At the heart of Rodger’s script are the facts around which he has woven a cloak of imagined alternatives, all generating from the mind of extraordinary mind of his Shalimar. There are alternative endings, imagined childhood scenes, chases and a funeral, the latter necessary because, less than year after her encounter with Murphy, Shalimar is found dead having ‘fallen’ from her roof of her apartment building. Despite Rodger suggesting a number of possibilities the truth remains: we simply don’t know what happened to her.

There are so many wonderful scenes.

Early on Shalimar imagines herself chased by Tony Tuitasi (Hans Masoe), the darling of her high school days. Her family, empathic but traditional, are beautifully played by Aleni Tufuga as her Dad, Joanna Toloa as her Mum and Gabriel Halatoa as her ever supportive brother David. Within the supporting cast there are some star turns with Sandy Vukalokalo as Uncle Sergio, Shalimar’s nemesis, the most memorable. Vukalokalo takes high camp into the stratosphere and manages to be both a figure of fun and one of nightmarish proportions.

The only persona to invade from the real world is the enigmatic Murphy, played with ultimate cool by Toufa Fisiinaua, and he remains inscrutable throughout. Fisiinaua’s Murphy is just that, HIS Murphy. There are slight hints of the character we have grown to know from ‘The Nutty Professor’ and ‘Beverley Hills Cop’ but the person embodied by Fisiinaua - and the one we take with us when we leave the theatre - is quite different. He is a manipulator, a predator, and in no way the Mister Nice Guy, or the villain, we rather want him to be.

Rodger has threaded vibrant images through his first-rate text that occur and reoccur, affecting us in different ways each time they pop up. There’s the Taj Mahal - The Temple of Love – a romantic ideal that epitomises Rodger’s Shalimar, but he’s also brutally honest and there’s no happy ending with Shalimar observing wryly that ‘no one built a tribute to me when I died’. Then there’s her self-chosen name – Shalimar - after the popular 1925, Jacques Guerlain perfume with its smoky aroma – a name which is smashed endlessly against a wall she cannot breach, that of her Samoan birth name Saoaumaga Atisone Kenneth Seiuli. No happy ending here either, and there are the rumours surrounding her death, horrible rumours, which seem to permeate every scene.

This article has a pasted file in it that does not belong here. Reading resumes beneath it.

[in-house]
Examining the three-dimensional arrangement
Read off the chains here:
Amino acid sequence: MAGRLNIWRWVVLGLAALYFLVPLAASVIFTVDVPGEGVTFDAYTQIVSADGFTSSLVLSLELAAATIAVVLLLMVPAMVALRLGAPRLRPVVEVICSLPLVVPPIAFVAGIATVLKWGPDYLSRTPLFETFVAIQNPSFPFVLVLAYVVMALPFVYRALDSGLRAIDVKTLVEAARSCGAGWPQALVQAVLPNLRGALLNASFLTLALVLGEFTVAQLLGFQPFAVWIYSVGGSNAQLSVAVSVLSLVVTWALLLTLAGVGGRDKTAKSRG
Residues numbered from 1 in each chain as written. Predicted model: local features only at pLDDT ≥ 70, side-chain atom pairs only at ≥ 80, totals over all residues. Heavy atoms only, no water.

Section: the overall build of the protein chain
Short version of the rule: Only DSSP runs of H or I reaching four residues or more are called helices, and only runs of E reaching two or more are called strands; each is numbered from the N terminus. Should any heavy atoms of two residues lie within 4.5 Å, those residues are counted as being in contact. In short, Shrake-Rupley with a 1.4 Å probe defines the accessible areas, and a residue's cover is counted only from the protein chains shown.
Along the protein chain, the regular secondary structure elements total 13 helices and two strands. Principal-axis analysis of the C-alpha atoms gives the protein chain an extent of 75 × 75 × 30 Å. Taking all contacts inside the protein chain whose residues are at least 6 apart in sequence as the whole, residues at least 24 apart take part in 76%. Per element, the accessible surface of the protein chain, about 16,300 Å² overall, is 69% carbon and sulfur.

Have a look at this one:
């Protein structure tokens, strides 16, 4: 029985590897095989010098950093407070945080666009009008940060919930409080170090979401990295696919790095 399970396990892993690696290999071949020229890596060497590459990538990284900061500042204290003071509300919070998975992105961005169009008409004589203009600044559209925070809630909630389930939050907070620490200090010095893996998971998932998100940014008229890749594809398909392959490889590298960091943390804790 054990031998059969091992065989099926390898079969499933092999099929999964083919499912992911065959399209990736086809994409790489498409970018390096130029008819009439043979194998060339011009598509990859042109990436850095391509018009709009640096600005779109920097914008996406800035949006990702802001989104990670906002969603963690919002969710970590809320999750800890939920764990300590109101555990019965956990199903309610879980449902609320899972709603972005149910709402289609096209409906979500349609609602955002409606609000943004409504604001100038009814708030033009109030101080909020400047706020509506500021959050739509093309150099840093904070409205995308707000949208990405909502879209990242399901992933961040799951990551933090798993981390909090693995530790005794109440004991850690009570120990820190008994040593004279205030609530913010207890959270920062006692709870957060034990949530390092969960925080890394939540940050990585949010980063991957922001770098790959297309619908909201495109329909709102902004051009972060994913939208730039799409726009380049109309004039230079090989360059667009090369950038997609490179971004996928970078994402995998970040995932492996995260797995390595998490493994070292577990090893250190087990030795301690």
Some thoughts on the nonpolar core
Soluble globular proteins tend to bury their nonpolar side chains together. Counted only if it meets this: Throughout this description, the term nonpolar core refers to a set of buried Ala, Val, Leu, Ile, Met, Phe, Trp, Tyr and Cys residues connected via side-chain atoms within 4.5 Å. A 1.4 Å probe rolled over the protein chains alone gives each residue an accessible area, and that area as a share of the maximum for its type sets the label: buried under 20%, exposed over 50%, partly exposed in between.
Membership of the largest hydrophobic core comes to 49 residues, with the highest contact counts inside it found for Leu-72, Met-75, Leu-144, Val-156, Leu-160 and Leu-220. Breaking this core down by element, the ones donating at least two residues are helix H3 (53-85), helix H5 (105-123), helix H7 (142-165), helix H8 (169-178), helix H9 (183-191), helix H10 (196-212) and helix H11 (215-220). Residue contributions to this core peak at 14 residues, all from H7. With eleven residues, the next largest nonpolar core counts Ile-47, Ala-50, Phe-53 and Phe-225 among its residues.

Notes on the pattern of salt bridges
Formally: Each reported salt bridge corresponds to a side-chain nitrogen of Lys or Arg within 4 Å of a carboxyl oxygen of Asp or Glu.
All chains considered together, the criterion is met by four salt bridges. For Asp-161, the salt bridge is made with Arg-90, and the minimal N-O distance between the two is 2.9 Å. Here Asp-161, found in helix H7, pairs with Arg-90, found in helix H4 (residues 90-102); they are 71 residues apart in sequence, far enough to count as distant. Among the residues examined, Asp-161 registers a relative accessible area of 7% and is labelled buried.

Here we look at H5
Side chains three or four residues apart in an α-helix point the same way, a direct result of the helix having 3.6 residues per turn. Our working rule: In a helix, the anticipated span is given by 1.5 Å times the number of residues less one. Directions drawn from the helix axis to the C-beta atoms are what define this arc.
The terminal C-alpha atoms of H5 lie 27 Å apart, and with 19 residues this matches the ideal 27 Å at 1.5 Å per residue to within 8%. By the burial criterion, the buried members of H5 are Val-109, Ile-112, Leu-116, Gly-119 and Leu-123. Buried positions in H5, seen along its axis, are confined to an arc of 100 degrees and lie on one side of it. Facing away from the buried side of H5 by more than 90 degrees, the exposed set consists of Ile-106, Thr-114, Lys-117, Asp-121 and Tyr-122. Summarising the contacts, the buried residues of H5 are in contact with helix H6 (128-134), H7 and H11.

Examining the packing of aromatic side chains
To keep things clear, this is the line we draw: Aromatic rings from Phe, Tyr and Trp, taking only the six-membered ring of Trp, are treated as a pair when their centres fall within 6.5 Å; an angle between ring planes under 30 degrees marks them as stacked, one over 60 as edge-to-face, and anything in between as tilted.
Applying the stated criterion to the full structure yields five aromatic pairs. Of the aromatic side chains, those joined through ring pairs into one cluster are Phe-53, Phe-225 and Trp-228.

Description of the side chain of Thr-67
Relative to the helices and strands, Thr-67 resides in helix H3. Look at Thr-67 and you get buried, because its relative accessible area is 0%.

The ensemble playing is quite simply super: there’s the Mormon choir, the television pisstake (‘Magnum PI’, ‘Solid Gold’, ‘Dynasty’, ‘Charles Angels’), there are fabulous snatches of song that anchor the narrative firmly in its own time - ‘Express Yourself’ , ‘Party all the Time’, ‘You Sure Look Good Tonight’) - and Shalimar’s dreams, her dreams of reassignment surgery, but no one talks about her dreams, she reminds us, all they talk is about Eddie Murphy. There are the key lines that cleverly engender their own echoes – her Mother’s ‘don’t you get up to mischief in LA’ which is ricocheted back at us later with her prophetic ‘I think you should come home’.

All great humanist plays balance humour with tragedy and ‘Girl on a Corner’ is no different. Shalimar’s death is devastating for us and all the more so when, in true transgender fashion, she wryly dismisses it as simply ‘a waste of all those hormone pills.’

Dead, and taken back home to Pago Pago to her parents, brother and community, the horror continues with Shalimar dressed for her funeral in male clothing, a white mask placed on her severely mangled face. It’s heart breaking, and trebly so for the transgender in the audience as we have lost two sisters in recent weeks. In each case the girls were buried as sons by their families thereby denying them the right to be buried as the young women they actually were. Over my sobs – yes, I was devastated by this scene - I could hear the sobbing of others around me who, it seems, were clearly equally affected by the inhumane nature of these distressing rituals. Shalimar leaps to her parents defence with ‘they loved me for who I was’ but in the end they capitulate and dress her as a male so as not to offend the community. In this moment, the anger in the auditorium was palpable and I’d have been happy to go home then but there was more to come, a number of imagined alternative endings and alternative funerals – probably too many - that soften the conclusion. Shalimar, ever the pragmatist, does have the last word however, when she quietly announces ‘I’m still dead’.

The verdict is – from me, at least – that this is quite simply the best work I have seen for years, if not forever, and at the heart of it, surrounded by a magnificent ensemble, is the glorious Amanaki Prescott who is quite simply outstanding. It’s Shalimar’s play and Prescott unpacks her narrative with authenticity and power, drawing us in to spit us back out, making us laugh and ultimately breaking our hearts. It’s a towering performance in anyone’s terms but for those who identify as transgender it is especially empowering.

I have little doubt Victor Rodger will take his script away and make some changes. I certainly hope he does. It doesn’t need much, and with his particular genius and superb theatrical instincts I am hopeful he will make it the master work it thoroughly deserves to be.

Lexie Matheson - 16th February 2015